1

Indiana Code 35-43-2-2 states:

(c) A person has been denied entry under subsection (b)(1) when the person has been denied entry by means of:

(1) personal communication, oral or written;

(2) posting or exhibiting a notice at the main entrance in a manner that is either prescribed by law or likely to come to the attention of the public;

(3) a hearing authority or court order under IC 32‑30‑6, IC 32‑30‑7, IC 32‑30‑8, IC 36‑7‑9, or IC 36‑7‑36; or

(4) posting the property by placing identifying purple marks on trees or posts around the area where entry is denied.

Should this be taken to mean that a physical barrier (with out signage) does not deny entry?

Also as a second question how does no trespass signage affect delivery people, such as USPS, etc.

  • FWIW, the USPS is analytically different from the others (e.g. FedEx and UPS) because there is federal law related to mail delivery that has supremacy over state law. – ohwilleke Apr 26 at 22:25
3

Should this be taken to mean that a physical barrier (with out signage) does not deny entry?

It seems that a physical barrier alone does not deny entry under subsection (b)(1). This entire section is defining when a person has committed criminal trespass. Apparently breaking through a fence with no sign does not constitute criminal trespass, unless one of the other sub-sections applies. But it may constitute simple trespass, and it may constitute some other offense, such as breaking and entering.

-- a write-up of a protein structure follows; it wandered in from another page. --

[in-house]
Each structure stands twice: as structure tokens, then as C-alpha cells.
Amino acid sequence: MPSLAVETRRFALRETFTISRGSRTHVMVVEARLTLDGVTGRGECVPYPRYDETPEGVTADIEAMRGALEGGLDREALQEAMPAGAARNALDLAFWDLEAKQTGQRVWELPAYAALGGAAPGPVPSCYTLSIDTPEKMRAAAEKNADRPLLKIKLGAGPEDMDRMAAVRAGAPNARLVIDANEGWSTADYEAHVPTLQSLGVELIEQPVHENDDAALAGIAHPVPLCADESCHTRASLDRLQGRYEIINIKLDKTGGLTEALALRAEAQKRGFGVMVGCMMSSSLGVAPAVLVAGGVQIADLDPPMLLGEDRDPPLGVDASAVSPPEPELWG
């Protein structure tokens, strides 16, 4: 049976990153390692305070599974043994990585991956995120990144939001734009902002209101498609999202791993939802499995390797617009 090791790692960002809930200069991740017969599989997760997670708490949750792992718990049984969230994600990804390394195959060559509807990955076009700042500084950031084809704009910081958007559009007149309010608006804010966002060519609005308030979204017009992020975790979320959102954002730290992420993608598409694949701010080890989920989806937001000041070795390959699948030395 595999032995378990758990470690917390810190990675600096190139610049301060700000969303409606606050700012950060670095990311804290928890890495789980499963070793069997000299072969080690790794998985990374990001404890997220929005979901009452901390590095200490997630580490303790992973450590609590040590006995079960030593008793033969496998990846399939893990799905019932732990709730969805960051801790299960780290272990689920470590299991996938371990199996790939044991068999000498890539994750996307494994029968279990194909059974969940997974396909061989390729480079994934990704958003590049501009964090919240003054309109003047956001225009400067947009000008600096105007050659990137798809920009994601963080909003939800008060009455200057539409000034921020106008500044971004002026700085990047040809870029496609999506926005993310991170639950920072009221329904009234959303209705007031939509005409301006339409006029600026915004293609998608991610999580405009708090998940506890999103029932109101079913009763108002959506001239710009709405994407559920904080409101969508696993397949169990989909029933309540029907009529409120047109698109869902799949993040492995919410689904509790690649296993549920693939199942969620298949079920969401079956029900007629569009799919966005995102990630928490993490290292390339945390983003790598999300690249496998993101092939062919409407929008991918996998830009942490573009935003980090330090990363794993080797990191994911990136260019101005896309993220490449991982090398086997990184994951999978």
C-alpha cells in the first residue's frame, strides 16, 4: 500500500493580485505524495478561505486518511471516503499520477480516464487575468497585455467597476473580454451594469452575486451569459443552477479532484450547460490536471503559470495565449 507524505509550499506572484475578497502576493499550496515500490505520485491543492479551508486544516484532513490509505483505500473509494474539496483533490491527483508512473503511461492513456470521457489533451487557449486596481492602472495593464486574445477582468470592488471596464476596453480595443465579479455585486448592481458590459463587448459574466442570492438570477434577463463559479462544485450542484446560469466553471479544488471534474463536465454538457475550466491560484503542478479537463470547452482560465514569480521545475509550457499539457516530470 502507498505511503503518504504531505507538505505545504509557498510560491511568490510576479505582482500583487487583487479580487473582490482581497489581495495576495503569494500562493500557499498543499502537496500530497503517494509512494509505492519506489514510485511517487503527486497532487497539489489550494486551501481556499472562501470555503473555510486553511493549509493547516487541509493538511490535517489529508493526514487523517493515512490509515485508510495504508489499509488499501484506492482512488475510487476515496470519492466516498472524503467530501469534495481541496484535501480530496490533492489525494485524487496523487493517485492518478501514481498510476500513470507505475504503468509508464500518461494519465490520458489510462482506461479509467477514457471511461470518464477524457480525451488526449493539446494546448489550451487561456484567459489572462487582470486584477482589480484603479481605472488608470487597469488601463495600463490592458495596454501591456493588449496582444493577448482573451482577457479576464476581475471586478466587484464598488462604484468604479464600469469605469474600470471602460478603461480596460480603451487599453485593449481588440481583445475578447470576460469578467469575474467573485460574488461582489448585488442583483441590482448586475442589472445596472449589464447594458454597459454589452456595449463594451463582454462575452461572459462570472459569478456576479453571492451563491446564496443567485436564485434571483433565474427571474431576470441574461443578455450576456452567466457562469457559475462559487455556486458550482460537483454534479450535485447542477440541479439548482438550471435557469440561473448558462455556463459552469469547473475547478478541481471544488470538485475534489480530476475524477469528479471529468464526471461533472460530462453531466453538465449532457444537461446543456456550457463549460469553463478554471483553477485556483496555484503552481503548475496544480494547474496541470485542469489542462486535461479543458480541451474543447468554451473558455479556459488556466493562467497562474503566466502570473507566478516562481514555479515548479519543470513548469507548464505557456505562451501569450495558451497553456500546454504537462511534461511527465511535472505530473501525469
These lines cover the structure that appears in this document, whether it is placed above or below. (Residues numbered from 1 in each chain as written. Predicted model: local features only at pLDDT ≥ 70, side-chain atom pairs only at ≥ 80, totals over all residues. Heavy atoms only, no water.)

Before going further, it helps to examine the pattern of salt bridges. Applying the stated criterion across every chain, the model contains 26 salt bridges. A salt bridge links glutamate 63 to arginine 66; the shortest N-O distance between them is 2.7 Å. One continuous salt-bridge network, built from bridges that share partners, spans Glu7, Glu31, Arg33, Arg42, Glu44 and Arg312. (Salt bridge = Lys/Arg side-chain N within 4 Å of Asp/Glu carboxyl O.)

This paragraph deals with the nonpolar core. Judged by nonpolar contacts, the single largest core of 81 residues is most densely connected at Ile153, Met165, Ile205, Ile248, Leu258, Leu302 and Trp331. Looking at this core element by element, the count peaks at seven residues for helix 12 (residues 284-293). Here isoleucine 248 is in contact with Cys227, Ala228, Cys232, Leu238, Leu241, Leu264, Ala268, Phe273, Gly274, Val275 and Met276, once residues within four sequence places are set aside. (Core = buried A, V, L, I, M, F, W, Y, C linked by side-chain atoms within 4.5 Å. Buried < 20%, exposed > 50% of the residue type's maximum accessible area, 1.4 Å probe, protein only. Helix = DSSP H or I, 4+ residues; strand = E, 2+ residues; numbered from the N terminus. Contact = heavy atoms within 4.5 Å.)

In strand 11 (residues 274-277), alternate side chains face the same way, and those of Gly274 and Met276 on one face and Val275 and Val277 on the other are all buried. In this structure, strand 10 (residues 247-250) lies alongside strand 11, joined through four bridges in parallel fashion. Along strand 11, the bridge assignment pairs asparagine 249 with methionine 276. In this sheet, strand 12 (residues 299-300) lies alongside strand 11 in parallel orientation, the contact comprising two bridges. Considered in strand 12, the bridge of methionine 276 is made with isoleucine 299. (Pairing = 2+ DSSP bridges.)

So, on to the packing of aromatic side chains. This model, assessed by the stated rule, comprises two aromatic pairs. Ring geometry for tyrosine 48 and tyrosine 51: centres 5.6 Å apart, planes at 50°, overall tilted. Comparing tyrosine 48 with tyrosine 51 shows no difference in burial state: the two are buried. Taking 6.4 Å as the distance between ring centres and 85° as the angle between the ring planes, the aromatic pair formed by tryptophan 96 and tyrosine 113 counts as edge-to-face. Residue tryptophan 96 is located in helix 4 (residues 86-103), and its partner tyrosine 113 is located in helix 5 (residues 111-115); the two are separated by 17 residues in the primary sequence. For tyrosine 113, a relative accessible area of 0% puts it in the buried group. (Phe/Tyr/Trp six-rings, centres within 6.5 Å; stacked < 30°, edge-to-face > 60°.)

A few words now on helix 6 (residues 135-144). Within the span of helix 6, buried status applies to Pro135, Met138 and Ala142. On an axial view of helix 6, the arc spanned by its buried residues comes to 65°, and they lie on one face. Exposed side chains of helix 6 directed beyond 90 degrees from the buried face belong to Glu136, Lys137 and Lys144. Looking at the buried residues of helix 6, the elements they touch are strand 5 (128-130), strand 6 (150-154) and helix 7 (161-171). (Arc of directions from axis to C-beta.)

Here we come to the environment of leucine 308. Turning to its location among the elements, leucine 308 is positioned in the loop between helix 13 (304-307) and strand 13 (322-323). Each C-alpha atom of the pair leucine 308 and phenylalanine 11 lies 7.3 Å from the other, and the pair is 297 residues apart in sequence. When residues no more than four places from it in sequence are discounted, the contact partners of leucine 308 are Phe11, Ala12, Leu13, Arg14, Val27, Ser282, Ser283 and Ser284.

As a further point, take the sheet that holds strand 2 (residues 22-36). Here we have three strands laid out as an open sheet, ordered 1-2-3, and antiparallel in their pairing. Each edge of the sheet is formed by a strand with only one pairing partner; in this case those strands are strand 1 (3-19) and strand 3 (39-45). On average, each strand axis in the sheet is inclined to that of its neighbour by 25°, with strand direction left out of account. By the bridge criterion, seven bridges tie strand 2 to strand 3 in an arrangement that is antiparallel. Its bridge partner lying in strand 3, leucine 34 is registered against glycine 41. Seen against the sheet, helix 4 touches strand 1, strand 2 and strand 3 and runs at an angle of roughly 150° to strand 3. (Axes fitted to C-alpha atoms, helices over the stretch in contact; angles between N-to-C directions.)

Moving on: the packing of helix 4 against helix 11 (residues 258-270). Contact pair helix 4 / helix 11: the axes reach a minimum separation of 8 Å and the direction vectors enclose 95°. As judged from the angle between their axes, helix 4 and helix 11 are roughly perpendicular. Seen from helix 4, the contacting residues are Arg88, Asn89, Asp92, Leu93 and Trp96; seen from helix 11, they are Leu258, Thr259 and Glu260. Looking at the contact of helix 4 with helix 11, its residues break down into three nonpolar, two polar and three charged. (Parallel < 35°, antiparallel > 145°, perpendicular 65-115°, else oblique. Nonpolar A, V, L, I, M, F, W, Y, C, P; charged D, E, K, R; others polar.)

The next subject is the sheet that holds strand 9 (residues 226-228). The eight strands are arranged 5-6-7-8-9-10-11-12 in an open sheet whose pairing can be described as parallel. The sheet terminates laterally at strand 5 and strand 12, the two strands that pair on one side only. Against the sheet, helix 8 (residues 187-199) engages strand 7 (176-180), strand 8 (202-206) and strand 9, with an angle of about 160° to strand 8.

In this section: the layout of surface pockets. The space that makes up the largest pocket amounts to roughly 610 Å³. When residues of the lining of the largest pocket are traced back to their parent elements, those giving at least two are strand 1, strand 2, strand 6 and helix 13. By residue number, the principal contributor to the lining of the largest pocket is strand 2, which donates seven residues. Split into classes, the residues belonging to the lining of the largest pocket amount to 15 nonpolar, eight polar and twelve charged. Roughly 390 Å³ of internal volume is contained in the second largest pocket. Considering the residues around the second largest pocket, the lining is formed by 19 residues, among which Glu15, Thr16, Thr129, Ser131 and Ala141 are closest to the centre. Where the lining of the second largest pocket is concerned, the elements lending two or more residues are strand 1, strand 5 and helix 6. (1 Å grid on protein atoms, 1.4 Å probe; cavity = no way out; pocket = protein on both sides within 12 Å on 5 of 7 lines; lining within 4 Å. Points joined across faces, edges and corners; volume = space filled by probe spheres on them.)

Note also that subsection (b)(4) adss a person who:

knowingly or intentionally interferes with the possession or use of the property of another person without the person's consent;

to the list of those who commit criminal trespass.

That might apply to a person who enters by damaging a fence.

Also as a second question how does no trespass signage affect delivery people

Section 2(g)(6)(B) exempts the owner's:

(i) family member;

(ii) invitee;

(iii) employee;

(iv) agent;  or

(v) independent contractor;

I would think that a delivery person would be either an invitee or an independent contractor. Or perhaps some other provision applies.

As for nearby provisions in the code, Section 35-43-2-1 defines "Burglary" in terms of breaking and entering with intent to commit theft or felony. Section 35-43-2-1.1.5 defines "residential entry" in terms of breaking and entering a dwelling. Section 35-43-2-1.3 deals with unauthorized computer access.

  • Yes to the delivery person being an invitee. Yes you are trespassing if you break in through a fence. – Putvi Apr 25 at 22:13
  • @Putvi Breaking a fence would seem to fit the ordinary meaning of trespass, but the linked law code does not explicitly include it. – David Siegel Apr 25 at 22:15
  • BC he didn't include the whole law. – Putvi Apr 25 at 22:16
  • @Putvi It is not specified anywhere in the whole linked section, nor in the previous or succeeding sections. I have not, of course, reviewed the entire stae code of Indianian. – David Siegel Apr 25 at 22:21
  • "(1) not having a contractual interest in the property, knowingly or intentionally enters the real property of another person after having been denied entry by the other person or that person's agent;" – Putvi Apr 25 at 22:22

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